The characters, all recognizable if not predictable types, are blessed with a love of talking. Turning stylized slang into verbose monologues, Ms. Woodbury has created her own rich language, as densely intricate as a Shakespearean sonnet.
She reserves the wildly poetic flourishes for the ravers. Even the most plugged-in West Coast dude will find some lines indecipherable (any idea what "Yur just thwackin' on the neg slope" means?). And when in an altered state, the ravers often speak in verse ("I mean, 'In Utero' was a good album,/ some songs on it were stoked, I suppose/ But it's a ravin' girl-dude I am/ Not all yoked by a hoaxish pose").
The creation of "What Ever," like so many reckless flights of fancy, began with a dare. In 1994, Dudley Saunders, one of Ms. Woodbury's best friends, challenged her to write and perform one half-hour monologue every week for a year. Ms. Woodbury took him up on it (although she trimmed the period to nine months), opening for music acts at the Fort, a dingy back room at the Sidewalk Cafe on Avenue A.
"I would perform it Wednesday and rest on Thursday and Friday," Ms. Woodbury said. "On the weekend, I would start soaking stuff up." By Monday, she would begin to get nervous. And then more nervous, and more and more until -- a chronic procrastinator -- she would panic. Friends and family members knew to expect a hysterical phone call right before showtime. It was what her brother Brian called her "pre-performance performance."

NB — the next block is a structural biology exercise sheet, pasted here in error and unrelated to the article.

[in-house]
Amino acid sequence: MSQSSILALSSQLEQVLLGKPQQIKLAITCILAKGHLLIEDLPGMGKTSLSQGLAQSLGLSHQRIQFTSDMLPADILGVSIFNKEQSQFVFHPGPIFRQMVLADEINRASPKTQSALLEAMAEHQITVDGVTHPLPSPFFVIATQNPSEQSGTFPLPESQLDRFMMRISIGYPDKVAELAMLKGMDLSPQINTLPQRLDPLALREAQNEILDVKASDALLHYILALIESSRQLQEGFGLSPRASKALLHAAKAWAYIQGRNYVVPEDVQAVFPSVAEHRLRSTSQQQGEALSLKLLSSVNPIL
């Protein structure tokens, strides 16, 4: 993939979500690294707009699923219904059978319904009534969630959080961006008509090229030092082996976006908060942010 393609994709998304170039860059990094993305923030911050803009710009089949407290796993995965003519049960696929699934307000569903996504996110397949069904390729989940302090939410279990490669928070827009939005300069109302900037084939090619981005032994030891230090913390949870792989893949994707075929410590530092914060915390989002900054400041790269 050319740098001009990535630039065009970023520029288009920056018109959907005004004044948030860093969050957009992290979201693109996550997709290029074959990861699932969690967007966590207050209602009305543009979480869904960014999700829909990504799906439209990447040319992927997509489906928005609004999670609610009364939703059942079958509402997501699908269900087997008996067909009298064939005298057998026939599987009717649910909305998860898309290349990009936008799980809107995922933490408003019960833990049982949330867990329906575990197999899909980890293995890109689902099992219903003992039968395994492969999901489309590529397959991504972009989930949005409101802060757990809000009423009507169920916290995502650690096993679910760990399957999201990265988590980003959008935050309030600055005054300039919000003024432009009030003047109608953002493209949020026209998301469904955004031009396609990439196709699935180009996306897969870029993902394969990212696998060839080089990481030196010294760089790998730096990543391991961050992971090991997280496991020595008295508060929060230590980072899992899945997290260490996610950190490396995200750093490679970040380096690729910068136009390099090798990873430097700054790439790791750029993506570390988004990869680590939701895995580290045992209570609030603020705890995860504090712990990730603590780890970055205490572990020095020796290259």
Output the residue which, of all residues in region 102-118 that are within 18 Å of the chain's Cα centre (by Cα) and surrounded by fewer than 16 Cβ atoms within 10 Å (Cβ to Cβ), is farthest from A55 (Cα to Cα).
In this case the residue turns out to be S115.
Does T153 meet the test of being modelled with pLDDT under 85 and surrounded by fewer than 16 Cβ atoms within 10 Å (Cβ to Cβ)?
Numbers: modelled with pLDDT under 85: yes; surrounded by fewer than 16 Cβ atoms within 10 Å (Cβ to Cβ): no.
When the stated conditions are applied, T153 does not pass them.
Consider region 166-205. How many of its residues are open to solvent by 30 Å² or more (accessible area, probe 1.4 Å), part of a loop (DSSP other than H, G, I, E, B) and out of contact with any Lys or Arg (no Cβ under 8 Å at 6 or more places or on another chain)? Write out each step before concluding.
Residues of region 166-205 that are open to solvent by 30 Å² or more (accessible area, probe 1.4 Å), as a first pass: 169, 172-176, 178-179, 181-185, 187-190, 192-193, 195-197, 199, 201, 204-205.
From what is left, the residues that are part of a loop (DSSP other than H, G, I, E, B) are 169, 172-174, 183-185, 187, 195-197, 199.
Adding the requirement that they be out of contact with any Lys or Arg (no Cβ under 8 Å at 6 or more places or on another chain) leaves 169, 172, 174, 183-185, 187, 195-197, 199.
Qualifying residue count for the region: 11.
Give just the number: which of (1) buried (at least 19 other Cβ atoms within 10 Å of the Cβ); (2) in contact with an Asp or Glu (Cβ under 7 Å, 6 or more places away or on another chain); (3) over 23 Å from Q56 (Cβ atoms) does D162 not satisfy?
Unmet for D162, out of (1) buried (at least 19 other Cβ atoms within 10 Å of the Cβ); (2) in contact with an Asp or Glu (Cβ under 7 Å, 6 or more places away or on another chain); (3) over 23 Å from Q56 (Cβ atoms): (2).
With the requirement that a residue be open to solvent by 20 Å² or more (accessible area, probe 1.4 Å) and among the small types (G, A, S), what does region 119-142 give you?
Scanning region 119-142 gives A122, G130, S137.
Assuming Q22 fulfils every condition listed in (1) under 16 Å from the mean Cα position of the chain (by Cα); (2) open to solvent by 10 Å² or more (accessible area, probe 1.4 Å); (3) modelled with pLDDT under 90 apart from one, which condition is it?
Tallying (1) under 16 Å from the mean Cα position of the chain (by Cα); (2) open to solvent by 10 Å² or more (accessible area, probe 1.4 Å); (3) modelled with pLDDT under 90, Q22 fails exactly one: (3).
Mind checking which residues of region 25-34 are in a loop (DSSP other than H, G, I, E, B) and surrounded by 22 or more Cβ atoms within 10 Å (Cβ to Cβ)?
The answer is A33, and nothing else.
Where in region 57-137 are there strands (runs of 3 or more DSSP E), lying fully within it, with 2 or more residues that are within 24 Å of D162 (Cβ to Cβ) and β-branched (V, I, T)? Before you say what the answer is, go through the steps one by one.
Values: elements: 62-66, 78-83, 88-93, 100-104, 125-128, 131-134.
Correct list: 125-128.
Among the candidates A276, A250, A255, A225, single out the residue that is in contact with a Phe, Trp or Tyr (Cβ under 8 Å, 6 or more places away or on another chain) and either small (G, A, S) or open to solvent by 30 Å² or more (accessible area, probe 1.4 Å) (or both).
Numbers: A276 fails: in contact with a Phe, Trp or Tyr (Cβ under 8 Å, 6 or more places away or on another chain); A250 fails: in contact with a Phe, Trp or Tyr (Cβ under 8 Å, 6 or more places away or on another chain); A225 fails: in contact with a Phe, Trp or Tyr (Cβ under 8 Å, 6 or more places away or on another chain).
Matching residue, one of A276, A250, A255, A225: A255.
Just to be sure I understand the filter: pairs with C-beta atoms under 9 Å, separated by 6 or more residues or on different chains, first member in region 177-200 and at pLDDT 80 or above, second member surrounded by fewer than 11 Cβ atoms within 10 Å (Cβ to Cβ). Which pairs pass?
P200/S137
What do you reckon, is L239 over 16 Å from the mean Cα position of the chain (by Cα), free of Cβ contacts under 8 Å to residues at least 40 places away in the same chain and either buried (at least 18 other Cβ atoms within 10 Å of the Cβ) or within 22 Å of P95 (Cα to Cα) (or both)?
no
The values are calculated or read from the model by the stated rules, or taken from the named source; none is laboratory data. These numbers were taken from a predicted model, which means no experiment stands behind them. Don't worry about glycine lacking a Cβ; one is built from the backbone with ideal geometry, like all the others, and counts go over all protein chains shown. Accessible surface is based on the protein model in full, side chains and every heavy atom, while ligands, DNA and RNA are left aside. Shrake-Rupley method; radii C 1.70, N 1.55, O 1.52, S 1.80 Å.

At first, the audience was sparse, and she competed with the waitresses for attention. At the time, the Fort did not have a stage, so performing there was like doing stand-up on a street corner. "I certainly didn't want to perform in a theater," Ms. Woodbury said. "There's something churchlike about theater spaces." Gradually, the show gained a cult following. By the end of 37 weeks, she had created more than 20 hours of material. In the next few years, she and Mr. Saunders edited it down to about eight hours.
Ms. Woodbury grew up in the San Francisco Bay Area. After a couple of "sad suburban years," she and her family moved to Berkeley, where she spent her tempestuous youth. "I wasn't doing anything hugely juvenile delinquent, just flirting with it," she said. "I tried drugs, tried them all. My parents weren't letting me do all this; they just couldn't stop me."
In a telephone interview, her mother, Marda, a librarian (her father, Mark, is a retired high school teacher), said, "She's a good daughter as a grown-up, but I'd hate to live with her as a 14-year-old again."